I also need to avoid over-long memory monologues (When I was a little girl growing up on the farm in Kansas....) or monologues intended to shock (swearing, screaming, crying, engaging in repulsive acts). I once saw a quite beautiful actress perform a monologue that involved a detailed analysis of picking her nose. It was grim.

But I recently came across an otherwise so-so book called 10 Steps to Breaking into Acting that contained a good definition of the perfect monologue, and I think this is the place to start. Here it is:

  • A good monologue is one where your character is urgently going after something that he or she needs right now. It is active and alive, powerful and conversational, and engages the listener quickly and effectively.
  • It has a beginning, middle, and an end.
  • Your character goes through the journey in 1-2 minutes tops.
  • It reflects your age and type.

The standard advice is to have four monologues memorized and ready - two for theater and two for film - but I rarely find a monologue being asked for at a film audition, only for casting agency open calls. I have one that still works for agency open calls, so I'll be looking for one that encourages projection. 

Open Call

Up at 5:30 a.m. yesterday to fix my hair and make-up, put a suit on, step into high heels, and drive nearly two hours to the Armory in Bel Air, Maryland, for an Open Call for day players and extras. This was for Season 2 of the Netflix series House of Cards, and I was only one of many who'd had a long trek in. The actor behind me in line had driven four and a half hours from Pittsburgh. Fortunately the staff at Kimberly Skyrme Casting had the drill down pat, and union actors were ushered in first. In and out in 20 minutes. Hundreds more non-union actors showed up and had a longer wait.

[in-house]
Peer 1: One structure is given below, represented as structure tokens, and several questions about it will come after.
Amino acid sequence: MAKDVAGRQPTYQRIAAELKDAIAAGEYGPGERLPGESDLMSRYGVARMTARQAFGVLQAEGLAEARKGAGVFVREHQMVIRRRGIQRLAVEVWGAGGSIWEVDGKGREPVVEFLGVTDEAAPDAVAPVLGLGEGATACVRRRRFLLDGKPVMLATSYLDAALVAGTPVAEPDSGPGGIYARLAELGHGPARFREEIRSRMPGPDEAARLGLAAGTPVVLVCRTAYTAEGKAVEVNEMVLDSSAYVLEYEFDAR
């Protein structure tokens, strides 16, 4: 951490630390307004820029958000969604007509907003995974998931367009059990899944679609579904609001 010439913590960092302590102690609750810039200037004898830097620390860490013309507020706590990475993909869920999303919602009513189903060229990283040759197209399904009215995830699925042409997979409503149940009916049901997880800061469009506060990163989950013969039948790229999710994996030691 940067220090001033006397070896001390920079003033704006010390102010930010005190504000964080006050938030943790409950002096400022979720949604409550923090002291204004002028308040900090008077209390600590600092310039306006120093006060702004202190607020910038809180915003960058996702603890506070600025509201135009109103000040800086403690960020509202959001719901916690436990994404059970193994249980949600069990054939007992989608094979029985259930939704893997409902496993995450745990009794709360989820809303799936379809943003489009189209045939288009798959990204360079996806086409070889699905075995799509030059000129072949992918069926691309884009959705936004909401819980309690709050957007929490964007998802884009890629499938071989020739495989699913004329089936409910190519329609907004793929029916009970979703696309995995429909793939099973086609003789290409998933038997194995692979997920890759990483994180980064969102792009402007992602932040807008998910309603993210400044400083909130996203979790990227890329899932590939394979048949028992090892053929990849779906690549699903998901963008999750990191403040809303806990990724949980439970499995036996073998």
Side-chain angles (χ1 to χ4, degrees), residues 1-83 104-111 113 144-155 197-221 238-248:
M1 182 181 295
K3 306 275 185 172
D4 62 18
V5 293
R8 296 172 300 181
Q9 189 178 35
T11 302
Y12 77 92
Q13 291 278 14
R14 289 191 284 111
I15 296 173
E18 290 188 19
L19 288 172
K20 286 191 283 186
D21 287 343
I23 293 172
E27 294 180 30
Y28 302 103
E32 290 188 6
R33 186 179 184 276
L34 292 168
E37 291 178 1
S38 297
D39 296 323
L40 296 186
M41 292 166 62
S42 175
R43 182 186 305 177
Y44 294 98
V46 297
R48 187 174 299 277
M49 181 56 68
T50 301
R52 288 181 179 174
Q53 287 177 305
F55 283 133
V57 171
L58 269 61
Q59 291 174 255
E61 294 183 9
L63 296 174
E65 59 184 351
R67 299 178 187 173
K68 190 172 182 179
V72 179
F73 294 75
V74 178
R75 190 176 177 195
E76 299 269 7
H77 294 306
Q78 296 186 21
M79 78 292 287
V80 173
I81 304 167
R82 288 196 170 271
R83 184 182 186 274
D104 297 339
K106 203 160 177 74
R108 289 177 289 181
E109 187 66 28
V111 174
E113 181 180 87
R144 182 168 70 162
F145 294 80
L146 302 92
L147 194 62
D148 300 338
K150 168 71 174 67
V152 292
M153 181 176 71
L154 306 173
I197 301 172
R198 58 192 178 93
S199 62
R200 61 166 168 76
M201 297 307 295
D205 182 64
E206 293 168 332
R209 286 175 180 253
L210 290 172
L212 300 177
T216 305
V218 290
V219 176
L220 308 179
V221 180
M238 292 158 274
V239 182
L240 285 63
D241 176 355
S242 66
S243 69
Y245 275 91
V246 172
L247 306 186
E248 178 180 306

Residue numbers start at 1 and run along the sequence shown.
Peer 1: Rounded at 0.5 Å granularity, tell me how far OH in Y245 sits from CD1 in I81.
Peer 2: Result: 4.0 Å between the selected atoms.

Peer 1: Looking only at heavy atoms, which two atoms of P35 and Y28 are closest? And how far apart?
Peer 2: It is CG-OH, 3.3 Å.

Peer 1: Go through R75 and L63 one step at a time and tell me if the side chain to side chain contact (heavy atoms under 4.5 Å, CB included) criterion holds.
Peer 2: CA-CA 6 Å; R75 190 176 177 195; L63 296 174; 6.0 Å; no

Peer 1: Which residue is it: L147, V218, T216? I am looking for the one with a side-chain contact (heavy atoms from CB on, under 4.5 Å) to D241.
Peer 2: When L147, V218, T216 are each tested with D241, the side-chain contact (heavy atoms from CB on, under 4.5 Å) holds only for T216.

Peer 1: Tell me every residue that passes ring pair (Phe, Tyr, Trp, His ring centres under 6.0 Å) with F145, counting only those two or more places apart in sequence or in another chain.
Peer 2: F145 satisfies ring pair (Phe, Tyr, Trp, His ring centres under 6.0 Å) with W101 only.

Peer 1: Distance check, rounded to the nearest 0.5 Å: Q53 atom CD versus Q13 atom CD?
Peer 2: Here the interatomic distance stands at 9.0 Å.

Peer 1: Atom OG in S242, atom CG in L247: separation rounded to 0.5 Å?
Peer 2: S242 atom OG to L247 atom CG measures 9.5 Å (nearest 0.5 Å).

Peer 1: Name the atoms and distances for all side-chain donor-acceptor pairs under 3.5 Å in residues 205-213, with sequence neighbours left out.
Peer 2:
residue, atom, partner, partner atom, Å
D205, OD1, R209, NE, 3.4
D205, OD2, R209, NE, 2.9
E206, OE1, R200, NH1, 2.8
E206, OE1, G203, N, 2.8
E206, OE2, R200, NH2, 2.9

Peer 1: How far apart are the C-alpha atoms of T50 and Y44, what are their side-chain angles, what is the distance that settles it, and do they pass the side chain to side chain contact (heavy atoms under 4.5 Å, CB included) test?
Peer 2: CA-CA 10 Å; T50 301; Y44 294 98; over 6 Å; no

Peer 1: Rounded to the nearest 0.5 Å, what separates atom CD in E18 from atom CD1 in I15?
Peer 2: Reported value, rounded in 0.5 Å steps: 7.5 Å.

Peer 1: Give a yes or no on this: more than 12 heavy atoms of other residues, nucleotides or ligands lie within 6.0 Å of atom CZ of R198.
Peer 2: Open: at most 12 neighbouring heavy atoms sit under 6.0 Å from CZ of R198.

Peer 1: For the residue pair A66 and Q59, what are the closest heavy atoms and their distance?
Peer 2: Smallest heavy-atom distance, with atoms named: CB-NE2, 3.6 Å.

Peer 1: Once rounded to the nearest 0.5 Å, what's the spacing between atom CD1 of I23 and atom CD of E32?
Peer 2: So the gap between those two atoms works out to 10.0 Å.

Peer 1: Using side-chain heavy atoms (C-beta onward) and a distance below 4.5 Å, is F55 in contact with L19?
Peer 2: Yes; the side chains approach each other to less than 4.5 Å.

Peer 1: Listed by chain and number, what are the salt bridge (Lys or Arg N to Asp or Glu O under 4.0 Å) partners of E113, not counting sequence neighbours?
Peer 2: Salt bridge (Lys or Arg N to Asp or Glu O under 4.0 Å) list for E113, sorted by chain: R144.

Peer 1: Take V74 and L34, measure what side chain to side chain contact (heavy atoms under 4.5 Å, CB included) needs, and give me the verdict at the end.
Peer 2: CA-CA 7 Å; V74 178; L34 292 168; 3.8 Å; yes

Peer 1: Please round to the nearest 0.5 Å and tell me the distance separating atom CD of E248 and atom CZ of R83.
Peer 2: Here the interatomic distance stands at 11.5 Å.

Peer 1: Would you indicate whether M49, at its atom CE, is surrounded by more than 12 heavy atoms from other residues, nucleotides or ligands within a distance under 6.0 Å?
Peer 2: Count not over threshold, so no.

I'd already submitted for this series online and pointed out in writing that I frequently play members of Congress, lobbyists, judges, etc., but there is something to be said for letting the casting people see you in person and having a minute to chat. A plus was that the guy checking us in recognized me from Meghan Reynolds film The Monopoly Club, where I played a Senator, and had lots of good things to say about the film and me. (Always good to hear.) I introduced myself and got his name for future reference. Saw a lot of people in line that I knew and met a few new ones.  Then the long drive home and a nap.

Kimberly Skyrme Casting throws a wide net for actors on this series. Hoping for a part with lines. 

Searching for Crystal Liu

This is why we don't have more women confidence. I saw a 2007 film at the DC Shorts Laughs festival Friday night called "Speed Dating," which was written and directed by Crystal Liu. It was not only funny and original (and my favorite) but it had that element that makes a great story - surprise. But is there a trailer or clips on YouTube or anywhere that I can link to and give this young lady a plug? No. Any contact information? No. Not even a poster to go with the listing on IMDb. Only a few positive write-ups, but otherwise nothing. And Ms. Liu hasn't made another film since, apparently. Instead she's working as a script coordinator for TV. What a waste! Hey, Crystal, you've got talent! Make movies!

Thursday, May 16, 2013

On David Patrick Green's "Become a Famous Actor" Book Series

In this business it quickly becomes apparent that paralleling the entertainment industry is a whole other
industry of people who claim to have the key that unlocks the door of success, and for a (small to very large) price they'll sell it to you. You can spend thousands of dollars on pricey headshots, classes, seminars, intensives, meet and greets, showcases, you name it, without ever earning a penny as a working actor. I've learned to take a long, hard look at who's providing the product or service before whipping out my credit card.

Well a couple of weeks ago, when I was online looking for a book on the actor-agent relationship, I came across the Become a Famous Actor series of ebooks by actor David Patrick Green, available for $3.99 each and readable in about an hour. Judging from the large number of dropped words and garbled sentences, these ebooks are apparently self-published, certainly self-edited. Also, the author has played mostly minor roles in individual episodes of TV shows, despite the rather grandiose title of his book series. But I looked at the reviews, considered the price, and decided to give them a read. My conclusion? They're a terrific bargain.